For a girl, losing one’s hair can be a confronting experience. It can make you lose your self esteem.

As much as I loved having long hair, I wanted more to be able to do one little act to tell everyone who may be suffering from cancer and losing their hair that there are people who care. I care. It’s also my small way of acknowledging and supporting people like my Mom and Mom in law who have had cancer. I’ll be the first to admit, there were times, in particular when I saw the hairdresser’s scissors, that I wanted to chicken out. But, I hope by my writing about this, there are others who are inspired to show they care and donate their hair.

Pantene have a program called Beautiful Lengths that provide free real hair wigs to women who have lost their hair through cancer treatment. At a minimum hair must be 20 cm long and cannot be dyed, bleached or chemically treated. More information can be found on their website.

So this is me today, and I’m simply loving my new look. This is one time I’ve had no regrets about having short hair.

Trissalicious now

Trissalicious now

Short recipe for this post. My husband and I have been experimenting on a spicy scallop recipe on the back of a new recipe book I purchased a few weeks ago called Hashi. The original recipe requires you to make your own mayonnaise and serve the spicy scallops atop a bed of rice. I’ve adapted the recipe for a much more simple, yet delicious approach.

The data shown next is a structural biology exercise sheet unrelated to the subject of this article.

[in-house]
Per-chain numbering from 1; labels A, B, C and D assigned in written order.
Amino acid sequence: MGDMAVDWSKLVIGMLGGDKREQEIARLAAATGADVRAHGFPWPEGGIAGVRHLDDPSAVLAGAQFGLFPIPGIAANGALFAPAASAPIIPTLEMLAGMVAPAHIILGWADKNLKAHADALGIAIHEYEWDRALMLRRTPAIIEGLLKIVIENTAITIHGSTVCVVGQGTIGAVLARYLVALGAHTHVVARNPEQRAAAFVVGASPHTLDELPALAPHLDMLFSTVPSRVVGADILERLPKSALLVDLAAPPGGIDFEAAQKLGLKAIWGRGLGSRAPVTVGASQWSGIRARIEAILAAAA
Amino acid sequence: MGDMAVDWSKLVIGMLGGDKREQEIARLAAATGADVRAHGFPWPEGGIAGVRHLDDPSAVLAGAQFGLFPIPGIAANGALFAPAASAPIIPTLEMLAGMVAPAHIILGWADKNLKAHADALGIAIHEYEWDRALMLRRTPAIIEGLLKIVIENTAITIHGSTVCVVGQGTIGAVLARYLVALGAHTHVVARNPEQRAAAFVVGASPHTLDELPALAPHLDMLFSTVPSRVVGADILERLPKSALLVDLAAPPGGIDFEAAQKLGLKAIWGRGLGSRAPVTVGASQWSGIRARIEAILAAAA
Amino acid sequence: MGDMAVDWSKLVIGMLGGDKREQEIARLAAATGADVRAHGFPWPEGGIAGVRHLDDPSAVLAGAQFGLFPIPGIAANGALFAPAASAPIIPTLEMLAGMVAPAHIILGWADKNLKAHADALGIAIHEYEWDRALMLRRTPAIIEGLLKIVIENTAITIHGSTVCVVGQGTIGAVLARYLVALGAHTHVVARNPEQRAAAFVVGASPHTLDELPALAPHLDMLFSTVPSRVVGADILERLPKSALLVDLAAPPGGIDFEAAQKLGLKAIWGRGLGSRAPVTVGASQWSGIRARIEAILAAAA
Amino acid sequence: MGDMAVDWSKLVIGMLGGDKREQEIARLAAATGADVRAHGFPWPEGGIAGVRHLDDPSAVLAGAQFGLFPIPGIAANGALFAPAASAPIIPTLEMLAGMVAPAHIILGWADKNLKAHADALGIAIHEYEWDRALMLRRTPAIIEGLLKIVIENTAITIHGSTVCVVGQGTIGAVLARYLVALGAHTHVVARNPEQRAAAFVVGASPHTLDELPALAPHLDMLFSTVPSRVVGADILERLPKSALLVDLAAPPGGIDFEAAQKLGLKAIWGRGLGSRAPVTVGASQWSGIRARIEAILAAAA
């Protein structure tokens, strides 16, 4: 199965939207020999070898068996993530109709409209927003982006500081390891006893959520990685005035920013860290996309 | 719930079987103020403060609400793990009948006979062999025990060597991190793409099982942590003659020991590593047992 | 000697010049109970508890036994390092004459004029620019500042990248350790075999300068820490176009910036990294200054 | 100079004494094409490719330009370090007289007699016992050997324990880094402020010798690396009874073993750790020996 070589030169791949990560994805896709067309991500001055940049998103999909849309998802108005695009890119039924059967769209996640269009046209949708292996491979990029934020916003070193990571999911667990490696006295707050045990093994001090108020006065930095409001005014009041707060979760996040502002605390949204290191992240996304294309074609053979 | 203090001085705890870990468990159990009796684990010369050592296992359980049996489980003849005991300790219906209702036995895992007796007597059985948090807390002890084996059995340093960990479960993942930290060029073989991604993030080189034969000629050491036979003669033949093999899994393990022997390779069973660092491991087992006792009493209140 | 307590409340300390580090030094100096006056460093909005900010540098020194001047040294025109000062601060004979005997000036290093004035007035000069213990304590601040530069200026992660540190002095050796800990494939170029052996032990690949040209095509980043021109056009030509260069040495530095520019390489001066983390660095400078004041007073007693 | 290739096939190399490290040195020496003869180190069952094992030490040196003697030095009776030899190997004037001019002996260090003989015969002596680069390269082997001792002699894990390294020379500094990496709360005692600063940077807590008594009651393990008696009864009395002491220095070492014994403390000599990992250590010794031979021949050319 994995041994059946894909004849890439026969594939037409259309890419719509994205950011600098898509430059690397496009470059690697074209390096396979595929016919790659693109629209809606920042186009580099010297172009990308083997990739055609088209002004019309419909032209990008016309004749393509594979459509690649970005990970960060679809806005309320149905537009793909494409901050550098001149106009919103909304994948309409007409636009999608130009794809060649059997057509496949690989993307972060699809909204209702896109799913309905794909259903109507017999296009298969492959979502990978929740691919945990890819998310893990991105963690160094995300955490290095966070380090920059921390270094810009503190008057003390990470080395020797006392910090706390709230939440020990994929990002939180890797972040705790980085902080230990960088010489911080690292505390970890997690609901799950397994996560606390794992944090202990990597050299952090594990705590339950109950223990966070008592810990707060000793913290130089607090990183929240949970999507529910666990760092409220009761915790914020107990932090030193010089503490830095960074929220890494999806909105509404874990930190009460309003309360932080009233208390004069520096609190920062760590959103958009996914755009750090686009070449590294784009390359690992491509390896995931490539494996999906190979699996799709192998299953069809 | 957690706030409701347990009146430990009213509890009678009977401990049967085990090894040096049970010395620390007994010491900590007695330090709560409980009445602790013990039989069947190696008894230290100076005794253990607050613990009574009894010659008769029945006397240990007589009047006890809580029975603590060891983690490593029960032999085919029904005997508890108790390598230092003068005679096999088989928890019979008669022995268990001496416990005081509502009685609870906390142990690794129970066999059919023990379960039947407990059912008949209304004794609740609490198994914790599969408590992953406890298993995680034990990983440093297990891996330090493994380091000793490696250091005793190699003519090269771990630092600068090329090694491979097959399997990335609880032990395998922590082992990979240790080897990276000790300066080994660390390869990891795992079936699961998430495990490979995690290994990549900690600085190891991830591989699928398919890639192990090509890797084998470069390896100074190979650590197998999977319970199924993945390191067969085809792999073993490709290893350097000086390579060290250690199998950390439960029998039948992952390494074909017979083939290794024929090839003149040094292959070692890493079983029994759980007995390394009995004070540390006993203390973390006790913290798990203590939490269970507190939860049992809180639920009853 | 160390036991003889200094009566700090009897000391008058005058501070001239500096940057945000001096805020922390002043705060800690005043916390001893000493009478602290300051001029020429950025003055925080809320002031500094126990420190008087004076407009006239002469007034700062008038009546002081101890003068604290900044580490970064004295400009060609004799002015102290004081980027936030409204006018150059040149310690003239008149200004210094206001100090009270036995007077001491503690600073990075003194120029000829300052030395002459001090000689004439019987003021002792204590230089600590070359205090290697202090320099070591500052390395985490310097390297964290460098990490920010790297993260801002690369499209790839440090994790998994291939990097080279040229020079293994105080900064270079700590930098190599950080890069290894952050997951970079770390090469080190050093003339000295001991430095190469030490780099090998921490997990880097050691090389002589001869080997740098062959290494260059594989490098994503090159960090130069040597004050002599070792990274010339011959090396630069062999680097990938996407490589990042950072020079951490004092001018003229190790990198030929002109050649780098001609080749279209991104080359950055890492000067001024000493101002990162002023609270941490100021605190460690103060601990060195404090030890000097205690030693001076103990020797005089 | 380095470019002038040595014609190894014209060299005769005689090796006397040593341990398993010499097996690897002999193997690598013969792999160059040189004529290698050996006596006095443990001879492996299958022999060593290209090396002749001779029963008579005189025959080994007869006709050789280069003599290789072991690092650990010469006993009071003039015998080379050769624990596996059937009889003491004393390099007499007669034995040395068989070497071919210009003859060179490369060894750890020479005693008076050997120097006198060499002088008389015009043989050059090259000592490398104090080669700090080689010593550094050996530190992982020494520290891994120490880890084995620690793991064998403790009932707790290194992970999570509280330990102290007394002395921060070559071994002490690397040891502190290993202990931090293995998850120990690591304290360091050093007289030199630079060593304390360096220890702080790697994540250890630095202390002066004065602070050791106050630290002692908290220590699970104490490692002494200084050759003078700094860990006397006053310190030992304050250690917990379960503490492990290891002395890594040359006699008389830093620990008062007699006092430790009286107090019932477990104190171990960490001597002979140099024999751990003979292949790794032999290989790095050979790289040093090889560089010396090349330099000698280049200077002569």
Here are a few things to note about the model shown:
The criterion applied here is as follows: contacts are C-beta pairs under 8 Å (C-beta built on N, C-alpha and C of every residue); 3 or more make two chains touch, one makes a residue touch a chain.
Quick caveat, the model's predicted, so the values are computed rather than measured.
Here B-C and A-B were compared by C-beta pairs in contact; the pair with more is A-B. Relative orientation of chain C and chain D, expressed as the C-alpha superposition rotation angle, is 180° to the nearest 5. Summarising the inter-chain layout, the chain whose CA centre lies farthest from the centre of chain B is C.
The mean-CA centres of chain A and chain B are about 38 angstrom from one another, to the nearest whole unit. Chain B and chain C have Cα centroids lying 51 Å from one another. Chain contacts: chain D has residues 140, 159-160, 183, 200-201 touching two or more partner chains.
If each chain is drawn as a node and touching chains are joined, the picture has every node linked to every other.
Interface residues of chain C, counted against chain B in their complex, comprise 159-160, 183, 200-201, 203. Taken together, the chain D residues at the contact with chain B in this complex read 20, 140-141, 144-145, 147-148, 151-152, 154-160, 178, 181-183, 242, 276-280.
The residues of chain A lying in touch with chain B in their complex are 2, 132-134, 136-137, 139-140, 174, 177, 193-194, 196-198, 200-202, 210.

Easy Spicy Scallops

Easy Spicy Scallops

Easy Spicy Scallops

Serves 6

  • 150 grams fresh scallop meat
  • 100 grams Japanese mayonnaise (kewpie)
  • 15 grams chili sauce (i.e. lee kum kee garlic chili sauce or ling ham)
  • 1/2 nori sheet, cut into little pieces
  • 2 tablespoons flying fish roe
  1. Spray the scallop shells with a little cooking oil. Cut the scallop meat into 1 cm sized pieces (usually quartering them will be enough) and lay them on top of the scallop shells.
  2. Mix the Japanese mayonnaise and chili sauce together and set aside. Top the scallops with a few nori pieces and some of the flying fish roe.
  3. Spread some of the Japanese mayo mixture over the scallops and either grill the scallops in the oven or blow torch the scallops until the mayonnaise turns golden brown.
Easy Spicy Scallops

Easy Spicy Scallops